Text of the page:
The Music of Nicky Hind
 
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Reflections

José Luís Bieito

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Hindsight - front cover
Nicky Hind
1.   Ripples
2.   Reflections
3.   Crossings
 
George Winston
4.   Carol of the Bells
5.   Night Sky
 
Steve Reich
Electric Counterpoint:
6.   I / Fast
7.   II / Slow
8.   III / Fast
 
Label: Ars Harmonica
 
Production: José Luís Bieito, Pere Serrano
Recording engineer: Pere Serrano
 
Graphics: Albert Lleo i Alba
Video: Yago Marino
Photography: Salva Lopez
 
José Luís Bieito plays Ibanez, Fender stratocaster, Fender jazzmaster, Fender jazz bass, Yamaha APX700 acoustic, and René Baarslag classical guitars
 
 
 

Introduction

 
This collection of music for guitar, brought together by José Luís Bieito as the musical element of his music+image binomis, Reflections, possesses a delightful balance of sounds. These are flowing, pulsing, mostly gentle sounds that tend to soothe and calm the listener's mind. Sounds that – through a variety of compositional techniques – tend to be sustained in time; the effects of which can sometimes capture a listener’s attention, holding it inside an extended musical moment, like a spell. When heard while viewing the accompanying (provocative, sometimes disturbing) images, the sounds can serve an additional function: grounding the listener's reaction, enabling the passage of emotion; like electricity discharging through a lightening rod.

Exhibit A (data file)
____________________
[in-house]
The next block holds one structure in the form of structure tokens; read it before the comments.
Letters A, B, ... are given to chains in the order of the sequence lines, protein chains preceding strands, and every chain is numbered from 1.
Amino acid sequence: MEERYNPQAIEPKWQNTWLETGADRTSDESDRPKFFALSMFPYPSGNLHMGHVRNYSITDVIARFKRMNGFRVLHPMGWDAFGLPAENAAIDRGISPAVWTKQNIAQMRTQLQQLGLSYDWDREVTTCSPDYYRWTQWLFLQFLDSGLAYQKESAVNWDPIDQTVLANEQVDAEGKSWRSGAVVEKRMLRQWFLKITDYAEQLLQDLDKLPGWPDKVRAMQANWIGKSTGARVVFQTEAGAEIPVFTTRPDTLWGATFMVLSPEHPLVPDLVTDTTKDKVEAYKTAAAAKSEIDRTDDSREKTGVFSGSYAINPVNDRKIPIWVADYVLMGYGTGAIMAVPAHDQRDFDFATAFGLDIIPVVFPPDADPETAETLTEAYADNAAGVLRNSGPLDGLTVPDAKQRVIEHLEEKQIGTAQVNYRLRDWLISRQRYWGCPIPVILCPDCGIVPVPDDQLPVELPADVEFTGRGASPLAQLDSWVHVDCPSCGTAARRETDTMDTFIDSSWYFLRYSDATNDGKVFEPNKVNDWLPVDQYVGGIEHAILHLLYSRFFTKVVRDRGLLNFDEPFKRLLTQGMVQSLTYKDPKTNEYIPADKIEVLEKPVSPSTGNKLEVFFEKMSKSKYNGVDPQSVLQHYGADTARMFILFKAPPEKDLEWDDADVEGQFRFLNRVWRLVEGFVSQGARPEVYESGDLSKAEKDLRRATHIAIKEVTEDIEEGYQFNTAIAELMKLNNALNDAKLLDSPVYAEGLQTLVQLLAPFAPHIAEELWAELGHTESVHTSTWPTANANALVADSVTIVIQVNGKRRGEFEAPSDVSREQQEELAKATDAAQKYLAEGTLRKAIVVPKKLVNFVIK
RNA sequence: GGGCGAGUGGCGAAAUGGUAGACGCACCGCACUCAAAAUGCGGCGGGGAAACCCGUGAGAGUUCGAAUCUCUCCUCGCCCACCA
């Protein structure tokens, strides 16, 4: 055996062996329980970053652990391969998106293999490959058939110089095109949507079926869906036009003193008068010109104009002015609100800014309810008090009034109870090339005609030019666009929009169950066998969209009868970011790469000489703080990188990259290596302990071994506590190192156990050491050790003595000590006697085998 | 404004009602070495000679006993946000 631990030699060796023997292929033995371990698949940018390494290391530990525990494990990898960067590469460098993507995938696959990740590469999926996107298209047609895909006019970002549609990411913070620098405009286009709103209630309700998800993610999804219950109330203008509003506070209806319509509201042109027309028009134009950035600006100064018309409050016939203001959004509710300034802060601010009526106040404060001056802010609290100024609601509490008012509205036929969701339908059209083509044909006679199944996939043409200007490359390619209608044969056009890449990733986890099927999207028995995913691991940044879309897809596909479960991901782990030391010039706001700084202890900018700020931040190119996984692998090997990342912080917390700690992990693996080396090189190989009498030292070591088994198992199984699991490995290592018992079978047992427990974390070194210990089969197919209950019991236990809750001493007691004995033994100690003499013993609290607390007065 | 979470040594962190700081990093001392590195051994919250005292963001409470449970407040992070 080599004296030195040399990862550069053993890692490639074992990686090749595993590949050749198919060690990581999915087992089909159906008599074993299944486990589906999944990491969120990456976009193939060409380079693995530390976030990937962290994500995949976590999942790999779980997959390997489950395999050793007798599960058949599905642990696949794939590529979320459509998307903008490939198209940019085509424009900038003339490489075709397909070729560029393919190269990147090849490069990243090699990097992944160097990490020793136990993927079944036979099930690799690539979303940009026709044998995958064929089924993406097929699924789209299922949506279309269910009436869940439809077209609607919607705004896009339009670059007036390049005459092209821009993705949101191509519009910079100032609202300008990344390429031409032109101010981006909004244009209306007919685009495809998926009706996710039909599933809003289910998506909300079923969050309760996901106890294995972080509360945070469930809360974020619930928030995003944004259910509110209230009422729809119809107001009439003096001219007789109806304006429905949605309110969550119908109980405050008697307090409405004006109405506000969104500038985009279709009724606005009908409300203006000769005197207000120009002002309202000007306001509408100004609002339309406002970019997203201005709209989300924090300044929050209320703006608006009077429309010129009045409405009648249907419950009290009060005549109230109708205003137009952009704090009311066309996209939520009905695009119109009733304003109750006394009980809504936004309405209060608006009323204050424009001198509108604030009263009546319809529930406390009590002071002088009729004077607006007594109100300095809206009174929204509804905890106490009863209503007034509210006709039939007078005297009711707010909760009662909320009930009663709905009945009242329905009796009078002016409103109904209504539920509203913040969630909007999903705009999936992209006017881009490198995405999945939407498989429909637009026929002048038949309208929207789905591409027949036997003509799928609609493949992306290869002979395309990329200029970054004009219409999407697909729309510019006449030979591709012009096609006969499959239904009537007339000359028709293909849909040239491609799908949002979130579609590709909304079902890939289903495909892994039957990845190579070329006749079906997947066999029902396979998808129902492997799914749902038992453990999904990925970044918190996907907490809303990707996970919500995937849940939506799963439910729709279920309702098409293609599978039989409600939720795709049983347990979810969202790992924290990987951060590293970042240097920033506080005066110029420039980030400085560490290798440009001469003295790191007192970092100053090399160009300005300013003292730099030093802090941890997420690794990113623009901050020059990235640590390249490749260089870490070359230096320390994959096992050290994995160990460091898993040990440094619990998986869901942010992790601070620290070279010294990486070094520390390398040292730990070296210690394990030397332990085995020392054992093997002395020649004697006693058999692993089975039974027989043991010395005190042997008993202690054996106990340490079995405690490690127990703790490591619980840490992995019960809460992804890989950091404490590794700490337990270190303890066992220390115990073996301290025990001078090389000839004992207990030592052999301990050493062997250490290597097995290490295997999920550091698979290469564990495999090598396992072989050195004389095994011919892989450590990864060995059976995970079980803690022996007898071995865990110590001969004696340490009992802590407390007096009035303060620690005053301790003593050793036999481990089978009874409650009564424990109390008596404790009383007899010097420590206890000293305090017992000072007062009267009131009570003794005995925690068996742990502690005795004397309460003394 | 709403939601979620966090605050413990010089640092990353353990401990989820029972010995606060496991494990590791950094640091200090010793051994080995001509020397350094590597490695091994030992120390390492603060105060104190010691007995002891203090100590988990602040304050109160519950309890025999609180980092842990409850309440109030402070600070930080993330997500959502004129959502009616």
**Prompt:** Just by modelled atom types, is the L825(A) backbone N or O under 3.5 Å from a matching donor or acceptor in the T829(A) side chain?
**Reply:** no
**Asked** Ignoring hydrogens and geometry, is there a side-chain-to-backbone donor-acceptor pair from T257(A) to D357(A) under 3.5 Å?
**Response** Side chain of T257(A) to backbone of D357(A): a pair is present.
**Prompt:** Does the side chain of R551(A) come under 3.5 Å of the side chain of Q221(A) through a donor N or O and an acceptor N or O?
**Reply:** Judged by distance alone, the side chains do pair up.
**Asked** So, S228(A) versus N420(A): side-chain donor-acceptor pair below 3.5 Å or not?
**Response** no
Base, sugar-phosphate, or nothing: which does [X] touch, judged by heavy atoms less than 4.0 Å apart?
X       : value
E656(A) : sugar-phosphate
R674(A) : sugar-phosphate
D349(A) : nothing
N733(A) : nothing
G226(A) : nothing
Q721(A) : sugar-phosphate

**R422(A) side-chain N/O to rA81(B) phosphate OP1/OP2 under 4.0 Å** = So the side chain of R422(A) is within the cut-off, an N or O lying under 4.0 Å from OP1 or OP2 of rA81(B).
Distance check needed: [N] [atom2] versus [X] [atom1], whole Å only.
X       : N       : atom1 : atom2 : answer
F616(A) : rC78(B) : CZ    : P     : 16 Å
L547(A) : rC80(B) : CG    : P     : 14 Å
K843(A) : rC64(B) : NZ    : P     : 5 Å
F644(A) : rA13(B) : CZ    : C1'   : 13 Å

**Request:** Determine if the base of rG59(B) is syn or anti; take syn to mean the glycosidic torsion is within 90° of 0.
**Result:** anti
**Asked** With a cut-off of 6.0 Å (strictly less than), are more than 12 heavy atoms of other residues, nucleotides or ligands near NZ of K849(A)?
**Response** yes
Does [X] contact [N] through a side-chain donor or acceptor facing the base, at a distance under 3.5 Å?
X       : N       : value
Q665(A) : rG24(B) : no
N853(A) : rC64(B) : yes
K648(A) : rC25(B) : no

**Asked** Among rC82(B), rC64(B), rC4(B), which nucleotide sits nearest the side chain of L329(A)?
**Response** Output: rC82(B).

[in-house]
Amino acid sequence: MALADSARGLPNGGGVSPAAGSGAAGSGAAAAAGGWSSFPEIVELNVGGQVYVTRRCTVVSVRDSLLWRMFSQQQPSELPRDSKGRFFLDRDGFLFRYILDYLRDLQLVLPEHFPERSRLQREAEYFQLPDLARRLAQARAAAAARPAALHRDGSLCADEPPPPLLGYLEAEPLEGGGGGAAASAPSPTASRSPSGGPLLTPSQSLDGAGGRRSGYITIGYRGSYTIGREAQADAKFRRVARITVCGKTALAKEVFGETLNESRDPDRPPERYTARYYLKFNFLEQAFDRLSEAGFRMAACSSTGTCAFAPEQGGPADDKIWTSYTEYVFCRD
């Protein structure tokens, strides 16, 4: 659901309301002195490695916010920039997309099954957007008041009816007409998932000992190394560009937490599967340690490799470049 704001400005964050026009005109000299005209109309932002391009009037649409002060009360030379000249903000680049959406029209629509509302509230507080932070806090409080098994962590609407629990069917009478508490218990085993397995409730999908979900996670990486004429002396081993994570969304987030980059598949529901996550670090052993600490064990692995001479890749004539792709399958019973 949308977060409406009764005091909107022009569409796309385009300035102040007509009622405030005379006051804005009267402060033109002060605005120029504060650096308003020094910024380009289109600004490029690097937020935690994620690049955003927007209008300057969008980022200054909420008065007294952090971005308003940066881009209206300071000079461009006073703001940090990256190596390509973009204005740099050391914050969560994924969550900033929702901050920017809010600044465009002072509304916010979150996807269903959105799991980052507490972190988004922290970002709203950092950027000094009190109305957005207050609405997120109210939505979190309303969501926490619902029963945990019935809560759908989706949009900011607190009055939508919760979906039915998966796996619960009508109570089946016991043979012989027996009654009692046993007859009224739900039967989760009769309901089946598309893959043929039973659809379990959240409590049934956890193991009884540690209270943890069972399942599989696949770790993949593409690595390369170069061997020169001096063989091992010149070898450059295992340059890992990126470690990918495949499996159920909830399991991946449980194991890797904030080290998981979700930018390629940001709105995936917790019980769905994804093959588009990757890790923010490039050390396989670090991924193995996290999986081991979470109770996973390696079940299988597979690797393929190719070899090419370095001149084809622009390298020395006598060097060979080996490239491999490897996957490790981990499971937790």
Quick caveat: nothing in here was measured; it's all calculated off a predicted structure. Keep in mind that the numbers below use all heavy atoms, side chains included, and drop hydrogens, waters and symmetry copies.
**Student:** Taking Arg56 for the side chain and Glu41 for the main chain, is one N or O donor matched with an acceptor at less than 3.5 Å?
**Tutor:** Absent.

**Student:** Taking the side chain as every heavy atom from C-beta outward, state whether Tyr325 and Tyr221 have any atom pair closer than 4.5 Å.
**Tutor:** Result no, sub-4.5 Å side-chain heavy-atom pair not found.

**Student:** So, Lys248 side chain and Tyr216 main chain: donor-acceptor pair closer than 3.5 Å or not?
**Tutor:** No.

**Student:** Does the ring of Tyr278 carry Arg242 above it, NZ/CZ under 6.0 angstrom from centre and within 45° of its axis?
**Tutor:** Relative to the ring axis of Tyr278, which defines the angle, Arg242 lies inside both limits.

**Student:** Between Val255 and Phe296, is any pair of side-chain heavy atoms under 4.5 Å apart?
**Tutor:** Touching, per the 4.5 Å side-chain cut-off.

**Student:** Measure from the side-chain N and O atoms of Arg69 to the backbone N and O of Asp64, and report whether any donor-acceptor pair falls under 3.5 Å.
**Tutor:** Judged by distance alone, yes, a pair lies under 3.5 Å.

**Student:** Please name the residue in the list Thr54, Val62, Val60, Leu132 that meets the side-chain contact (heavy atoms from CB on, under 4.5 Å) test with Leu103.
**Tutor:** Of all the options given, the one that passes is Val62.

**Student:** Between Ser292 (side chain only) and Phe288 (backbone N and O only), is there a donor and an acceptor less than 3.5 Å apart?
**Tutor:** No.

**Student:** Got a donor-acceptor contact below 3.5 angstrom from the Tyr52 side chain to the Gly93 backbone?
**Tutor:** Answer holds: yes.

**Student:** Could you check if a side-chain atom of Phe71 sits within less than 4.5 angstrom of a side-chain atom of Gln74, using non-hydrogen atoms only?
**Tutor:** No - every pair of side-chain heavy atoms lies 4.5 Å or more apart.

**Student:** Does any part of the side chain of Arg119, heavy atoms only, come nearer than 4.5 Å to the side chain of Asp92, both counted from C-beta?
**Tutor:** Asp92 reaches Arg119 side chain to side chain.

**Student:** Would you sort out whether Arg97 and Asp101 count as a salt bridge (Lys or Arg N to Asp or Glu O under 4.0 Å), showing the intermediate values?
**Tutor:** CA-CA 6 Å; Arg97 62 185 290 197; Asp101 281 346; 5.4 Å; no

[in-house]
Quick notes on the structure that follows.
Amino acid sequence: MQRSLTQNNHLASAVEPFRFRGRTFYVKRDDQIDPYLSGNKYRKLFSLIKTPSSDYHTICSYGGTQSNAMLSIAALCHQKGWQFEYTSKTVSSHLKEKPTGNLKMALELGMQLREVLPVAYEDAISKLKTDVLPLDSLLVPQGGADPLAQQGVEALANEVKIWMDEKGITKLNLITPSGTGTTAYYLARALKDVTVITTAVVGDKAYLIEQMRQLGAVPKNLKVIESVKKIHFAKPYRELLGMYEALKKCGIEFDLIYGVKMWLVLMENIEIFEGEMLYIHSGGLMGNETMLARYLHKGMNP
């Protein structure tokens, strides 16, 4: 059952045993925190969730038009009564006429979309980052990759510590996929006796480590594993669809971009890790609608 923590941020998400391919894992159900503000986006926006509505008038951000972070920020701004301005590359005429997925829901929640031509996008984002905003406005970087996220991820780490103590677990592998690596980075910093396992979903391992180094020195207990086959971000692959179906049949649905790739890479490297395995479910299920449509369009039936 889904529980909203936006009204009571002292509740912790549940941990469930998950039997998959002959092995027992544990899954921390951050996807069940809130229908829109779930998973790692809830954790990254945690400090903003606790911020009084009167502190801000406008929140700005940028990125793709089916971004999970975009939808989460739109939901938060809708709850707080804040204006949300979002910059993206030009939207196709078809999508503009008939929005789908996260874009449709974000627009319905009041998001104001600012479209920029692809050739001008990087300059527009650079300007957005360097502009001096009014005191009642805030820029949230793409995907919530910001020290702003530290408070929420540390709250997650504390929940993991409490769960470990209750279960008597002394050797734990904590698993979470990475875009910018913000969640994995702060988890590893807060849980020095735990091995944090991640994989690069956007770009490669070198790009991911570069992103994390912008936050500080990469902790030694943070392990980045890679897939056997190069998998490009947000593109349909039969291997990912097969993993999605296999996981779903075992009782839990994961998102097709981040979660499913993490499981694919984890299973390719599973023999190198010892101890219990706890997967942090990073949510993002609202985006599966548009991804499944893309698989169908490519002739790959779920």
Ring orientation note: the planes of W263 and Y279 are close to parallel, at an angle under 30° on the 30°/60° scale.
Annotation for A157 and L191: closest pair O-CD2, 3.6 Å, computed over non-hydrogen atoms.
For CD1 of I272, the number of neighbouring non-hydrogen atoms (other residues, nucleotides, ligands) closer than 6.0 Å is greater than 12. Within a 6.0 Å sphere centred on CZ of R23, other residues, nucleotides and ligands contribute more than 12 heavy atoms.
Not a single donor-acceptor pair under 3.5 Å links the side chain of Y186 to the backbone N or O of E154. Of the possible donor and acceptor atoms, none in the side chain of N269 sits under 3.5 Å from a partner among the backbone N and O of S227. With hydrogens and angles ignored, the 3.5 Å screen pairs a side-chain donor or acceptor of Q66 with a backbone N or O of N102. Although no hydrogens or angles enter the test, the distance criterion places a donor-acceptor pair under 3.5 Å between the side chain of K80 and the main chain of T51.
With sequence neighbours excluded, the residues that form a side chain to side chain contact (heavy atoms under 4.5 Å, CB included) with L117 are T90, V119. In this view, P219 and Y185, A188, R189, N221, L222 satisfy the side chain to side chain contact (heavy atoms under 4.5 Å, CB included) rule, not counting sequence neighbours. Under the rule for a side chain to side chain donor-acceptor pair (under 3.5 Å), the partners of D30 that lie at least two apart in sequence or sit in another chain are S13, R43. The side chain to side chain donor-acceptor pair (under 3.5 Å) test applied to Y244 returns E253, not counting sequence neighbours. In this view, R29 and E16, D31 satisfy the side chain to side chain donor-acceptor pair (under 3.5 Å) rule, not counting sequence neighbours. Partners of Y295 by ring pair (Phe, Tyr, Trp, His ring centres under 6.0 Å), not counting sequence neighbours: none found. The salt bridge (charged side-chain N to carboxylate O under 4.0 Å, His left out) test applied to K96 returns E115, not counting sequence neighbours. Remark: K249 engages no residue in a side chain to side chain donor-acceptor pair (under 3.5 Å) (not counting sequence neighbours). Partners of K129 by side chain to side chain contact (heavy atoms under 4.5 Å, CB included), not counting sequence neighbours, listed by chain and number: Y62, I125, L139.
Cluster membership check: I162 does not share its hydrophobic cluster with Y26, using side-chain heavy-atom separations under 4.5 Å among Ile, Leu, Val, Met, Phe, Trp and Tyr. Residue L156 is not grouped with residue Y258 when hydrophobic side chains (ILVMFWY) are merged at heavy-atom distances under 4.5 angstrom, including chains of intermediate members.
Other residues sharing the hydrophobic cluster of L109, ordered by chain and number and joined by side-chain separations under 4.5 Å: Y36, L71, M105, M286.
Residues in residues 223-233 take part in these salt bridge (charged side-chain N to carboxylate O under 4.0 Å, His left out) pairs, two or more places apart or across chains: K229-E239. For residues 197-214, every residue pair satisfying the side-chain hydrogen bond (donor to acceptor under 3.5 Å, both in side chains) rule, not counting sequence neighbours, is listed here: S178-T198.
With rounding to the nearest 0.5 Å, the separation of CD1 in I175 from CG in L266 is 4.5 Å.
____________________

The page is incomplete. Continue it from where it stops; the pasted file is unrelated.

He has a gift, does José Luís Bieito, for finding and expressing the essence of the music he touches. The guitarist connects with the inner spirit of each composition, and from that place expresses every ounce of musical content. Such has been my experience in working with him on the three pieces of mine for guitar+electronics presented here. And a great pleasure to hear them performed by a musician of his caliber. Mr Bieito’s unique interpretation of Steve Reich’s Electric Counterpoint recalls the work’s original interpretation on electric guitars by Pat Metheny. But his combination of electric and acoustic guitars adds new timbral dimension, and helps the listener differentiate the intricately woven polyphony. Similarly, his arrangement of George Winston's Carol of the Bells recalls not only Winston's piano version of the work, but also seems to hint at the ancient pagan chant upon which the original Leontovych composition was based.
 
In isolation from the accompanying images, the music flows through contrasting moods and intensities. The variety of compositional techniques used by the featured composers – three different solution sets to the fundamental question of how to sustain a musical atmosphere – adds another pleasing contrast. This balance of contrasting sounds forms such a complete and seemingly perfect whole that suggests the spell might be sustained indefinitely; simply loop the CD back to the beginning and continue listening…
 
Nicky Hind
February 2009
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